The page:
Dolores Huerta in mural by Susan Greene
Dolores Huerta says "VOTE!" (1 MB mp3)
From Freedom Archives audio archives
Photo: Scott Braley

Dolores Huerta

Dolores C. Huerta is the co-founder and First Vice President Emeritus of the United Farm Workers of America, AFL-CIO ("UFW"). The mother of 11 children, 14 grandchildren and four great-grandchildren, Dolores has played a major roll in the American civil rights movement. In 1955, she was a founding member of the Stockton, CA chapter of the Community Service Organization (CSO), a grass-roots organization started by Fred Ross, Sr. The CSO battled segregation and police brutality, led voter registration drives, pushed for improved public services and fought to enact new legislation. Recognizing the needs of farm workers, while working for the CSO, Dolores organized and founded the Agricultural Workers Association in 1960. She became a fearless lobbyist in Sacramento, and in 1961 succeeded in obtaining the citizenship requirements removed from pension, and public assistance programs. She also was instrumental in passage of legislation allowing voters the right to vote in Spanish, and the right of individuals to take the driver’s license examination in their native language. In 1962 she lobbied in Washington DC for an end to the "captive labor" Bracero Program.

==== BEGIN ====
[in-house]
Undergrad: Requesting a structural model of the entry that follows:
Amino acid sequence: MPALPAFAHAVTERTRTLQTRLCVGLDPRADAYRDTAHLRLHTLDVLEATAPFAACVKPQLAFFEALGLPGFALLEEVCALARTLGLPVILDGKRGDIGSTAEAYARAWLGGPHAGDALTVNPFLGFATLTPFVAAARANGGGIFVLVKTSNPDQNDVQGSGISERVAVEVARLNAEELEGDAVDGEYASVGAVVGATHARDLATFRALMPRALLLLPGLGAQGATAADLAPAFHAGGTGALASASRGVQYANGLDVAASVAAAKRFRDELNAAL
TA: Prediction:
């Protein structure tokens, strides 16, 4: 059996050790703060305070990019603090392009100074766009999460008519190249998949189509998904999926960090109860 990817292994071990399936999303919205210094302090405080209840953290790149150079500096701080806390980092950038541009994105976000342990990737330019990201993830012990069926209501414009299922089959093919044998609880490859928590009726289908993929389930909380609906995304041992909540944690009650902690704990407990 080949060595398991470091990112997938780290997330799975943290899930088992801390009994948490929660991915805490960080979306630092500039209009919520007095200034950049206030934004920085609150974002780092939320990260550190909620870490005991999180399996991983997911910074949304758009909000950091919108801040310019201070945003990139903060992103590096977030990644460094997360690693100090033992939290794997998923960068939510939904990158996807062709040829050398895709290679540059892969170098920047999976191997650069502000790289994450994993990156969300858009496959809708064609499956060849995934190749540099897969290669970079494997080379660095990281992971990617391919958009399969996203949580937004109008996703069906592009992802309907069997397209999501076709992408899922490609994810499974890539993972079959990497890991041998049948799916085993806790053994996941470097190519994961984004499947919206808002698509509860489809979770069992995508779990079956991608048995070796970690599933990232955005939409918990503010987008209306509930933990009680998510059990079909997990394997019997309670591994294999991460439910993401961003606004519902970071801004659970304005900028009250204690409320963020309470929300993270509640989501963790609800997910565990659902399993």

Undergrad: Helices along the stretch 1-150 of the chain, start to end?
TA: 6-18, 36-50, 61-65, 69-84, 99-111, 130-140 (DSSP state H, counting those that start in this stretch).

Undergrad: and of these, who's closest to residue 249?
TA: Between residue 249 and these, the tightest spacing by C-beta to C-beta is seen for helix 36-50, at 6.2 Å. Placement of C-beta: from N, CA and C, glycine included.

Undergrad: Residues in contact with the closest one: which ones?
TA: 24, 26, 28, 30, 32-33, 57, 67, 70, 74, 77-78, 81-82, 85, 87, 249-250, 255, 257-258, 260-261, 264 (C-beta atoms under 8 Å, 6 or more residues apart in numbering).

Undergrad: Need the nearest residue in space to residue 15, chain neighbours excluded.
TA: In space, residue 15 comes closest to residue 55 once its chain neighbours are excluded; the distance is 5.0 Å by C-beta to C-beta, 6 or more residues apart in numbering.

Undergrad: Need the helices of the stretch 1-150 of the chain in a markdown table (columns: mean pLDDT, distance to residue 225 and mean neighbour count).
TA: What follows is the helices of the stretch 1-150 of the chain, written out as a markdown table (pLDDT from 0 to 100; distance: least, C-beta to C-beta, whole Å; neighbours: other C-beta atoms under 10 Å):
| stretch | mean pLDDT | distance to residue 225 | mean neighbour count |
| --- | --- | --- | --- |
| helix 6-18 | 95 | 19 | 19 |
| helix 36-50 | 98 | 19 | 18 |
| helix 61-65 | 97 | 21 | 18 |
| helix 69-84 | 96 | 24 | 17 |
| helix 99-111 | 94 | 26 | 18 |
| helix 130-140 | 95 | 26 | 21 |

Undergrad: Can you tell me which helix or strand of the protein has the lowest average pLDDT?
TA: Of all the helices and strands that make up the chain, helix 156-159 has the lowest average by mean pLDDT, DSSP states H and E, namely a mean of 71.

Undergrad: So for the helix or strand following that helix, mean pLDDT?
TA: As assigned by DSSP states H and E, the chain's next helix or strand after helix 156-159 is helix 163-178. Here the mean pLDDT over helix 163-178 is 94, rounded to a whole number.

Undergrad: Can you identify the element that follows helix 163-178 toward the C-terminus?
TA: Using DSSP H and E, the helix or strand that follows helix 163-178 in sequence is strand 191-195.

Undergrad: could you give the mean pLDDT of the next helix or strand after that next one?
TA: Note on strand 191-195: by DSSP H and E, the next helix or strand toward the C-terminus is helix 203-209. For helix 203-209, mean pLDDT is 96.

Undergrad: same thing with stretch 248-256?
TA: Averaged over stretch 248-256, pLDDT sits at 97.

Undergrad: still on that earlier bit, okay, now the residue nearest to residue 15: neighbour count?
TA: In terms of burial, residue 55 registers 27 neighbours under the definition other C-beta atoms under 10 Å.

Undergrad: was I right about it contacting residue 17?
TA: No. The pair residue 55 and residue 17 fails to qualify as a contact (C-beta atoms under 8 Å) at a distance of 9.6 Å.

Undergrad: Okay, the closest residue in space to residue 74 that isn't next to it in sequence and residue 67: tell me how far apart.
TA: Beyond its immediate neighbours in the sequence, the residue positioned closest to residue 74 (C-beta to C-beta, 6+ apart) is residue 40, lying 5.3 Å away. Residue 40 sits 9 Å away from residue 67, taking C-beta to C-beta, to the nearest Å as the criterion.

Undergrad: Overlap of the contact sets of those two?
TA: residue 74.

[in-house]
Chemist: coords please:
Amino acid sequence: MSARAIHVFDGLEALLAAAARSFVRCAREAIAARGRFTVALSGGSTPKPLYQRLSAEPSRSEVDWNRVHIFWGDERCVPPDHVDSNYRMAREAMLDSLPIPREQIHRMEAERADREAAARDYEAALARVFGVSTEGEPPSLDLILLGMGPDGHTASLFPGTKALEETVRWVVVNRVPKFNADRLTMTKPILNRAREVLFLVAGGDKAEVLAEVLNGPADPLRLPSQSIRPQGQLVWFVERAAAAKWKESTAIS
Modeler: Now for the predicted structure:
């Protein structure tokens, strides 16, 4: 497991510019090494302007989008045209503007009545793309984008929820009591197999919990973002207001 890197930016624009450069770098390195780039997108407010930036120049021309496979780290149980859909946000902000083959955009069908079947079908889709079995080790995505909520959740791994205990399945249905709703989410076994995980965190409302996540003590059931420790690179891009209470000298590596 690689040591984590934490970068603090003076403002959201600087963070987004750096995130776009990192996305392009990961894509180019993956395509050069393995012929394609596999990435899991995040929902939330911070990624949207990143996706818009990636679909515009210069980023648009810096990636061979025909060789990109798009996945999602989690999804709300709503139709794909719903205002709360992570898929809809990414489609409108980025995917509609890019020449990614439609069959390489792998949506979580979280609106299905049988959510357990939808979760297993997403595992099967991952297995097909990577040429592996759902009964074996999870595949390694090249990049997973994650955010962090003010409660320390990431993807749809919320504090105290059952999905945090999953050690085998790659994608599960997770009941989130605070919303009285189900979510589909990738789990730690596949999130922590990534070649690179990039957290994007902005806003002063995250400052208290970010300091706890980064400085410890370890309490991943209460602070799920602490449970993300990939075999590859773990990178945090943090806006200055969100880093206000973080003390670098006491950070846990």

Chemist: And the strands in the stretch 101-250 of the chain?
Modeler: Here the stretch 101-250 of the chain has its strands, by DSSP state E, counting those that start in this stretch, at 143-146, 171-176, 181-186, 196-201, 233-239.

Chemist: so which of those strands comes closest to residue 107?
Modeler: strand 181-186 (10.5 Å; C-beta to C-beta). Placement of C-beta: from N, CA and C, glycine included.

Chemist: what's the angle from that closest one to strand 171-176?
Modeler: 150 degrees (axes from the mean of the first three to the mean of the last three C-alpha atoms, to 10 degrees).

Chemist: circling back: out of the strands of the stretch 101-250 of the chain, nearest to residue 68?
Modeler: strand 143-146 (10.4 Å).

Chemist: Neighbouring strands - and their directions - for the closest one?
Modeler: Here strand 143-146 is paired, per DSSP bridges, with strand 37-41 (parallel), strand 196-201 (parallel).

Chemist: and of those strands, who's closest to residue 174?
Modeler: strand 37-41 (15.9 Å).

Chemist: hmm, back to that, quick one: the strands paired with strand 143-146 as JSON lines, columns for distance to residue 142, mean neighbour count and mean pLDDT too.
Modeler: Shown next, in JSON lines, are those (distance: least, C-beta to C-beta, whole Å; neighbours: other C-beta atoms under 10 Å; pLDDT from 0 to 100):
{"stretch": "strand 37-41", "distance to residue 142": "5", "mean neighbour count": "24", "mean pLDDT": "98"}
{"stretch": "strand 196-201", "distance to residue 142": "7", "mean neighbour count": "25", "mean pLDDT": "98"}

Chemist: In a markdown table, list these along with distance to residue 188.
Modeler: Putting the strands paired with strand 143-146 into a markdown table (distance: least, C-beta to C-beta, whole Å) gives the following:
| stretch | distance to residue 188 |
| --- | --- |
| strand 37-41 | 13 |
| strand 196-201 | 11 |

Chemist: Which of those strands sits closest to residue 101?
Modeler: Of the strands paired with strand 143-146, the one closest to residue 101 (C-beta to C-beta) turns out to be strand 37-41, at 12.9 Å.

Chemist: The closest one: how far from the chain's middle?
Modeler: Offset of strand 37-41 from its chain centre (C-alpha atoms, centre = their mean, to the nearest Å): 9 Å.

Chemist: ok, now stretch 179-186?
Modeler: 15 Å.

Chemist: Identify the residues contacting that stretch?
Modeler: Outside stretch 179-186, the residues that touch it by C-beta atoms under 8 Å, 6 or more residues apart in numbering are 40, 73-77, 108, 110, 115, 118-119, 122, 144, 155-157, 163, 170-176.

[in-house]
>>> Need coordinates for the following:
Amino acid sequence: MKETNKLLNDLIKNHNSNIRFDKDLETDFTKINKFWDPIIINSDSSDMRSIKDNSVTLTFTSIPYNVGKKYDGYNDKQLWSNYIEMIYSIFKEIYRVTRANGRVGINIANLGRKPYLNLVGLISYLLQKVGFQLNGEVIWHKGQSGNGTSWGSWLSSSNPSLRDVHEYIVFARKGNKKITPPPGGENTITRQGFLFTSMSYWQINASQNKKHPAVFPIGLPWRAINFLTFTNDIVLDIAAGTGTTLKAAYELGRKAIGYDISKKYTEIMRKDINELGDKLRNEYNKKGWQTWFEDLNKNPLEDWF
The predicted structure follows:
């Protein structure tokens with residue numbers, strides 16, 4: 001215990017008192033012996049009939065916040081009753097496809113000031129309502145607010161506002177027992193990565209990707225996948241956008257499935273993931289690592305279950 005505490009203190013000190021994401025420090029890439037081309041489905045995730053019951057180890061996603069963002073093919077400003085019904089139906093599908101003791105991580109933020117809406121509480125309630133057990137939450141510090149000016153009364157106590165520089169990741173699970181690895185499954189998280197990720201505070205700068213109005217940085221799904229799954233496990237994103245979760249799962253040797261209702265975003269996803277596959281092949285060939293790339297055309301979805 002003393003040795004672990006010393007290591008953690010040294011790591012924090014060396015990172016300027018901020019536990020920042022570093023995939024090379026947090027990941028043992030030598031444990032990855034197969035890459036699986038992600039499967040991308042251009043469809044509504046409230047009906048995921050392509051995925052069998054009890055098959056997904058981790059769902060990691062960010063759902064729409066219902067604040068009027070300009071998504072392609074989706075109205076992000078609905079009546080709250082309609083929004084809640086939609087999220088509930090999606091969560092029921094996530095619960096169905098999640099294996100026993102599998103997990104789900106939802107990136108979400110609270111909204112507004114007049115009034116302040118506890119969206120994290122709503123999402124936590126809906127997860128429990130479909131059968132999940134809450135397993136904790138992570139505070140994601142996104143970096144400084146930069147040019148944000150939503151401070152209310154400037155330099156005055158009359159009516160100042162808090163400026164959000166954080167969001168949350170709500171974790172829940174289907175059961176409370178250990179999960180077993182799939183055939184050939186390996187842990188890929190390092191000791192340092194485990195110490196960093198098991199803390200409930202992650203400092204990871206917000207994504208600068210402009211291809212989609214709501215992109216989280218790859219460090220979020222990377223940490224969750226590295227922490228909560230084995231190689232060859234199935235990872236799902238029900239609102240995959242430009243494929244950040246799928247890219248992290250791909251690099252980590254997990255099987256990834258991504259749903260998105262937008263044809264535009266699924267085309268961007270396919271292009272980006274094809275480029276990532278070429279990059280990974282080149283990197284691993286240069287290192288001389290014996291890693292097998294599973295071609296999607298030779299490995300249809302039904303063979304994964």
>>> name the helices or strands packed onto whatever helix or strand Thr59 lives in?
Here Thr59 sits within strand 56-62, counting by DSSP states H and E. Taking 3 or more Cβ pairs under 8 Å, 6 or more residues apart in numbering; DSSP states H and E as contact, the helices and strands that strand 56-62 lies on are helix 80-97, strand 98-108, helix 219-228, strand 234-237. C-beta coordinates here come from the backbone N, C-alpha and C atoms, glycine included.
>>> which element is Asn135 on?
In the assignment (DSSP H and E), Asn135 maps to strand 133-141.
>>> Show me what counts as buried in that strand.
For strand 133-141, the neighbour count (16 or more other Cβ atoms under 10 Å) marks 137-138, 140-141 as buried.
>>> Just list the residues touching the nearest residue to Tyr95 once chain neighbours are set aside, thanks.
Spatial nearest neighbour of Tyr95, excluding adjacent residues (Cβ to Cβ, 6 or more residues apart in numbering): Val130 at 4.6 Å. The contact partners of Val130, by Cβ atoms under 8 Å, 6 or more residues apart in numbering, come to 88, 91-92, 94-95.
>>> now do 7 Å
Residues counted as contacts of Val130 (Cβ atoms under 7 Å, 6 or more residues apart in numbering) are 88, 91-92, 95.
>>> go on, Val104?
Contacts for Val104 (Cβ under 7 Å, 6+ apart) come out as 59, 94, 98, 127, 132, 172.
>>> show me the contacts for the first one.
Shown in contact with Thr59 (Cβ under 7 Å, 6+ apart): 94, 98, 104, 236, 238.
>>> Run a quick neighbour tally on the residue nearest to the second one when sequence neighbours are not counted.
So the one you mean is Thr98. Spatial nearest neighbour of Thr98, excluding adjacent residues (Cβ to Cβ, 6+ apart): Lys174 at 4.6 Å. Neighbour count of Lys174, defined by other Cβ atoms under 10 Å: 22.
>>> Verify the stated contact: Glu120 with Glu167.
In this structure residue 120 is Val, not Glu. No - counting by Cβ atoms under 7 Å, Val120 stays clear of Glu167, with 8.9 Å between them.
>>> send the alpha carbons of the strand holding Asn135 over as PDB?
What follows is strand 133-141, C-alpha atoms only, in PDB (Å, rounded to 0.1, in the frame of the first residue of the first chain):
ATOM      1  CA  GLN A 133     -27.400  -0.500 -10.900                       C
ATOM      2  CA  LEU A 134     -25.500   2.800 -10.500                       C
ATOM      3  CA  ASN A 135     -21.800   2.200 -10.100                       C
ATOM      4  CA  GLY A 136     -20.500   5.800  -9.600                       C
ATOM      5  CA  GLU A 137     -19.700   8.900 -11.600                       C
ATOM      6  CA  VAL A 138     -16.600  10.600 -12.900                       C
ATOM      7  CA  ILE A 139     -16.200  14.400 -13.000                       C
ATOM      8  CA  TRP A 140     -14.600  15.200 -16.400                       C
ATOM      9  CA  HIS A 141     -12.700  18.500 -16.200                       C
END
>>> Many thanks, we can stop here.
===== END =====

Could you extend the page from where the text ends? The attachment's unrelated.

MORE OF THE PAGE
It was through her work with the CSO that Dolores met Cesar Chavez. They both realized the need to organize farm workers. In 1962, after the CSO turned down Cesar’s request, as their president, to organize farm workers, Cesar and Dolores resigned from the CSO. Dolores, single with seven children, joined Cesar and his family in Delano, California. There they formed the National Farm Workers Association ("NFWA"), the predecessor to the UFW.

Dolores at an organizing rally.

More: Dolores Huerta Foundation